Karma has users, devices, and a store. With a monolith application at hand, at one point in time, the user-related code ended up in the device-related sections. And the store APIs were going behind the device APIs. Soon, it became hard to track what changed what or who changed what.
Though the first thought was about splitting the monolith as functioning libraries, they realized they would have problems with scaling and adapting to newer software versions would be difficult. Moreover, they would not be able to experiment with newer technologies that were to hit the market in the future.
By then they had decided to shift to microservices-based architecture. They started with one big app in the back-end and split off pieces as services when they thought it was necessary. The pieces were initially large but were split into smaller services with time. Soon each microservice ended up with a single responsibility and had an optimum size to contend with.
Which is the better choice for building microservices – Node.js or Spring Boot? Read our blog to find out!
Zalando, a fashion technology company, has over 10000 employees, with over 1000 of them in the technology department. They initially functioned with a monolithic application constructed using Java, Spring and Postgres. They soon ended up with a bloated code-base and intertwined dependencies.
When the team size grew, the bug density also increased. This led to coordination problems, and soon, slower development cycles. The old tech stacks that were being used also made hiring a difficult job for them.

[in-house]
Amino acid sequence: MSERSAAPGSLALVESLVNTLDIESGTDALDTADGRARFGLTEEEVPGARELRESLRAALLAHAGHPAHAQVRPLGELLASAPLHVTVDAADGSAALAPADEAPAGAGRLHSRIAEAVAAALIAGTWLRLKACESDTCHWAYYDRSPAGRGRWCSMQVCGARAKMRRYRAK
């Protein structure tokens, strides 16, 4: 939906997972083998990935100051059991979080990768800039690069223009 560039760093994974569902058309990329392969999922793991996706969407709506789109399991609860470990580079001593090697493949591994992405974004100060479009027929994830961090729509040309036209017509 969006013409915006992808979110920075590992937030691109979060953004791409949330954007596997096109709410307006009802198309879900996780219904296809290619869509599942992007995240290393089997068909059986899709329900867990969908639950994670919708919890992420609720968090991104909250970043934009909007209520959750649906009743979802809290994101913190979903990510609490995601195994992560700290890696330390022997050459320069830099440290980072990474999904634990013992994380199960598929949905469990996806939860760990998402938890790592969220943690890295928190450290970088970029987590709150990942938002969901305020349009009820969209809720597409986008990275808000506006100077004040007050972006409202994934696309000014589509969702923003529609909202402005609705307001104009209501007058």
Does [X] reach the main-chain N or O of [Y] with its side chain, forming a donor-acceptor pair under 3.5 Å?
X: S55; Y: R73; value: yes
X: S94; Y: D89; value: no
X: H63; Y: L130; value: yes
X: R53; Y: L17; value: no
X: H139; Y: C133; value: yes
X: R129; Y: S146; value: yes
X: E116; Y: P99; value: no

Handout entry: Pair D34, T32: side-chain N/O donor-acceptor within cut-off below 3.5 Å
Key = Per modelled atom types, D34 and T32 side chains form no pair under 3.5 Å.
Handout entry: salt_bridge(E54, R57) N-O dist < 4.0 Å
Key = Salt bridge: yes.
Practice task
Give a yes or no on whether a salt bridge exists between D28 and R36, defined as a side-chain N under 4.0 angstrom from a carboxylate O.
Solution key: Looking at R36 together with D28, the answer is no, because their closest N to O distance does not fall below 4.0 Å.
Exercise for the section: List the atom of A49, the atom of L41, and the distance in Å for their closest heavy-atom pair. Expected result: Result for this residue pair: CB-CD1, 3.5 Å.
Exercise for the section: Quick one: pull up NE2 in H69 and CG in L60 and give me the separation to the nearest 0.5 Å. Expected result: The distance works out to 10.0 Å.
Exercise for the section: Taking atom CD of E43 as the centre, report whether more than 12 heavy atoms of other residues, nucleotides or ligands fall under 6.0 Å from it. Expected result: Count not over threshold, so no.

The organization decided to transition into microservices with each team getting to pick their tech stacks and tools for building the service.
The company used AWS for provisioning, Docker for deployment and Zmon and Appdynamics for the function of monitoring. They also make use of extensive audit trails that helps them to trace back any change to the specific individual that brought about the change.
Zalando banned shared libraries across the different libraries. The teams, therefore, had to use only open-source as per the company rules. The testing services across the different teams were accomplished by a single cross-functional business unit. All these together helped them to accomplish shorter development cycles whenever new features were to be added.
AutoScout24 initially used a monolithic application that was written using .Net. Using the traditional IT development process, they were unable to quickly adapt to changing market conditions when the company’s business grew.